The decisive moment, when I decided to forego any further preliminary studies, was this glimpse of rainbow on my shower floor. It was in this moment that I understood that the “open space” of the sonnet has to be filled with rainbow… It won’t be easy, but it will be just the right combination of two — apparently contradictory — sensations emanating from the sonnet: its contrastive background of higher, “god-like”, self, and its pretence, its superficial falsity.
There were signals of rainbow before: the couple of rainbows during the Saturday walk, and then the moment when my attention was drawn to the twentieth sonnet painting with its — not quite successful — rainbow (and the sonnet mentions “hue”, like this one). But this little funny rainbow in the small pool of water on the floor of my shower somehow drove home this idea.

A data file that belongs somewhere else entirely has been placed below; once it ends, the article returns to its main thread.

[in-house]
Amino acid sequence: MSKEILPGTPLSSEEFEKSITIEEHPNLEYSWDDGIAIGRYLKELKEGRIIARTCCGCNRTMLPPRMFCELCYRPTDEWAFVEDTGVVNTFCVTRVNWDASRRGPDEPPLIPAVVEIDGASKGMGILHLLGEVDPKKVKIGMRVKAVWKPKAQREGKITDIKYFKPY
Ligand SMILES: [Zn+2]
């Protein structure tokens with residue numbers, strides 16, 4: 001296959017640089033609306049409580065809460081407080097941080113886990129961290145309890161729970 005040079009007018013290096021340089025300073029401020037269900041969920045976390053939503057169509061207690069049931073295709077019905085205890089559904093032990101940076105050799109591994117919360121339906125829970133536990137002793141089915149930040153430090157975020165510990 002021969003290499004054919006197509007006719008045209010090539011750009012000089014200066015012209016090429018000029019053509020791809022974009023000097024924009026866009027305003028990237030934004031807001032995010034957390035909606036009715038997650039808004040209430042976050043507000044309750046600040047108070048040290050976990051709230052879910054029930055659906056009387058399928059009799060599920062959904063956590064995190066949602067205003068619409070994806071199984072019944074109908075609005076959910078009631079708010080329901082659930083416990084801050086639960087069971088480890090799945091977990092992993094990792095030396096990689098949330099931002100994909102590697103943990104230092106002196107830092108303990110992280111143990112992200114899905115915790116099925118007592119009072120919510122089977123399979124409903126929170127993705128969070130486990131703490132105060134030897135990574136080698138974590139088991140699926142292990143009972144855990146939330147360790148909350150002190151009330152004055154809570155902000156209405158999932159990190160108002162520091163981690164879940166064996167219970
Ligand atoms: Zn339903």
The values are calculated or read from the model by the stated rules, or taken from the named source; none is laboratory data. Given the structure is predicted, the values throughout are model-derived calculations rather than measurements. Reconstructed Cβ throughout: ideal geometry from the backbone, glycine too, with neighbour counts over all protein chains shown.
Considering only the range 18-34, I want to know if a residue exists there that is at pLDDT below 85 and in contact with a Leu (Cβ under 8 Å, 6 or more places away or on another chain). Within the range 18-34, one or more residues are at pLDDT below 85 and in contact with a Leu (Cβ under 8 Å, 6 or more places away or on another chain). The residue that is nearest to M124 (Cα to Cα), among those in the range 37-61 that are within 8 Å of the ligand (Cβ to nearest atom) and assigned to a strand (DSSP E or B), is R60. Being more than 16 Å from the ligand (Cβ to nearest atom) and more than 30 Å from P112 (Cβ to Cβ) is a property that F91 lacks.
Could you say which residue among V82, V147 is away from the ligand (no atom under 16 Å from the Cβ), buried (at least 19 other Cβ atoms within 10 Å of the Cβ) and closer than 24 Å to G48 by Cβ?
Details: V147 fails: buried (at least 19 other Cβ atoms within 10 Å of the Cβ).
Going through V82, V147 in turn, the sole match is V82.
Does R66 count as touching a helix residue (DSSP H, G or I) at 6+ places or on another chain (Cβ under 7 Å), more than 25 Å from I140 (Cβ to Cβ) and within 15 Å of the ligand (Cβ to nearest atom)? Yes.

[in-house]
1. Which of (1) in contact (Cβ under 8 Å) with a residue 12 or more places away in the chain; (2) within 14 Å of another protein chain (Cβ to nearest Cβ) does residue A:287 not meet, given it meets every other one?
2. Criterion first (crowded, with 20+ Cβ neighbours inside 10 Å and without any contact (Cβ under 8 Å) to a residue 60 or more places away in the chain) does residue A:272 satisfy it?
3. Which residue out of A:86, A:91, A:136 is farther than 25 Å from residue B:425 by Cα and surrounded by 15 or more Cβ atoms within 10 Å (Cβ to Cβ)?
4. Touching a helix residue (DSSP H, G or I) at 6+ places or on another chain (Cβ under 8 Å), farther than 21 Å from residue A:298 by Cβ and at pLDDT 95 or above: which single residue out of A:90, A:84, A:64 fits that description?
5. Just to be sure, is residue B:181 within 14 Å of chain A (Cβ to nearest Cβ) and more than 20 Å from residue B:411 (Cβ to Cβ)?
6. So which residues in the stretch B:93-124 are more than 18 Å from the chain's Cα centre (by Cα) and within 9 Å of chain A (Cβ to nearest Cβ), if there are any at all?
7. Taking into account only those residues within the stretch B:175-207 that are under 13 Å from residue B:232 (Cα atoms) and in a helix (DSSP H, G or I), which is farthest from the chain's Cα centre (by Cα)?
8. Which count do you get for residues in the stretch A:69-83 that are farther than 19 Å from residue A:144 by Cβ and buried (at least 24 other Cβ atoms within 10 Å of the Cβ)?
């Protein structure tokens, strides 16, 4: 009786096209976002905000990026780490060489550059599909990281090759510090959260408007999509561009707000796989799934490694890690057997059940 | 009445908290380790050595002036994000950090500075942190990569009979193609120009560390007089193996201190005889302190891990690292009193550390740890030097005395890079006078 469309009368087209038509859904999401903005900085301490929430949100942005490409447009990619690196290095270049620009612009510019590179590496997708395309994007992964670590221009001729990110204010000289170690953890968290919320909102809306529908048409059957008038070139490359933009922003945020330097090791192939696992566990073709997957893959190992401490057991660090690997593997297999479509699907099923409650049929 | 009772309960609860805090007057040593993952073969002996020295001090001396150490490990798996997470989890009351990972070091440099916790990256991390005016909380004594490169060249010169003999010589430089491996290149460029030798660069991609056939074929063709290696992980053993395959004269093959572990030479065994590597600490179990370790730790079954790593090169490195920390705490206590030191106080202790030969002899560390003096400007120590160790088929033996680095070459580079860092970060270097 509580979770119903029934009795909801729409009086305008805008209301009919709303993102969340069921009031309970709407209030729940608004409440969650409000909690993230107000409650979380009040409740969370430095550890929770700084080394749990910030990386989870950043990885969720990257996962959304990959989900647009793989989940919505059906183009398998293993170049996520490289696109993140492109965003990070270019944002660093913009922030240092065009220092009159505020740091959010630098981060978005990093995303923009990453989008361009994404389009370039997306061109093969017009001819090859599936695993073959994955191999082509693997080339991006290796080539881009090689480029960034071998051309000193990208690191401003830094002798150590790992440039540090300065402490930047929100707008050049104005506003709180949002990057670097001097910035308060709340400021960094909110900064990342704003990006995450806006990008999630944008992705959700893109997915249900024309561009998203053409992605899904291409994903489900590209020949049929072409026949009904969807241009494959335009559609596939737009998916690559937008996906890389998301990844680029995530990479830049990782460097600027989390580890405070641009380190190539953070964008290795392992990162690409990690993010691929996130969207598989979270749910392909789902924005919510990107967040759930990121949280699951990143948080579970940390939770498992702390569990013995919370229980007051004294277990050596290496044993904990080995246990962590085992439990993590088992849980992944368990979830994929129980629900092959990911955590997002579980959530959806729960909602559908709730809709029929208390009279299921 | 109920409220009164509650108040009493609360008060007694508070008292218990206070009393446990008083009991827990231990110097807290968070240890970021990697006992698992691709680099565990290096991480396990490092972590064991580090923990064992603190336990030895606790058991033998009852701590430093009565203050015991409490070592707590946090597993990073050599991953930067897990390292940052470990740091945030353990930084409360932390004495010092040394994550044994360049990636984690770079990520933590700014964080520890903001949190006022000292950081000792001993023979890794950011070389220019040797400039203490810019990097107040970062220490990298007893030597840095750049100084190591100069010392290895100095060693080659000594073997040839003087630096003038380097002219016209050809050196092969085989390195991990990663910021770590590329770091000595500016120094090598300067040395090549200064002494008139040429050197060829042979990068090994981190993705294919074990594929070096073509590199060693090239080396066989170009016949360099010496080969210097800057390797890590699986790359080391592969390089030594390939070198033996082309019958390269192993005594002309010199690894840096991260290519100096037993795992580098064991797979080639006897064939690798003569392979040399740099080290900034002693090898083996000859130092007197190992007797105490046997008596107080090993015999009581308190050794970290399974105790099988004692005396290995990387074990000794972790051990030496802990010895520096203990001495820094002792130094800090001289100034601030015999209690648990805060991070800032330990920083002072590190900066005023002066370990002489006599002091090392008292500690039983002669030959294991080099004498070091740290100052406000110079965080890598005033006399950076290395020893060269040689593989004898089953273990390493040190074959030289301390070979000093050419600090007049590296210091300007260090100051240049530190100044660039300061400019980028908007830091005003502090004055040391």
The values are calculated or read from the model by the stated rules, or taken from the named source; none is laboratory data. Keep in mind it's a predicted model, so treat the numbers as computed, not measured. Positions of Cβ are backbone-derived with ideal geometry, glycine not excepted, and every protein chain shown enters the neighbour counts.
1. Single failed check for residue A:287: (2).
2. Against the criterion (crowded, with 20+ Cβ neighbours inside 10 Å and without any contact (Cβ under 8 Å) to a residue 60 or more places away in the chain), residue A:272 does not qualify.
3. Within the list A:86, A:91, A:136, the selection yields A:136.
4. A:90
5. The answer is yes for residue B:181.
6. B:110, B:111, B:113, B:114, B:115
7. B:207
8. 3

I am noticing, again and again, how things I tell my students are often addressed, indirectly, to myself. As though there are some things I find it difficult to tell myself — or to “hear” if they are said to myself — but they are just as (if not more) relevant to myself. This time, it was really simple — the need for a decisive action, as the only way to overcome doubts and fears.
Another aspect of the painting clarified itself this morning— not quite directly, but the painting will “refer” to Picasso’s old blind guitarist, in a more “cubist” style of Picasso’s later work.
And so this sonnet painting began — very roughly, without attempting to cover the canvas during the first day, but rather to figure stuff in the process, paying attention to each colour area, stroke by stroke. It’s only a start — more days of painting this to come. In the process, the initially grey “cubist” area turned into another, darker version of the rainbow, but I am not sure how it will work out later.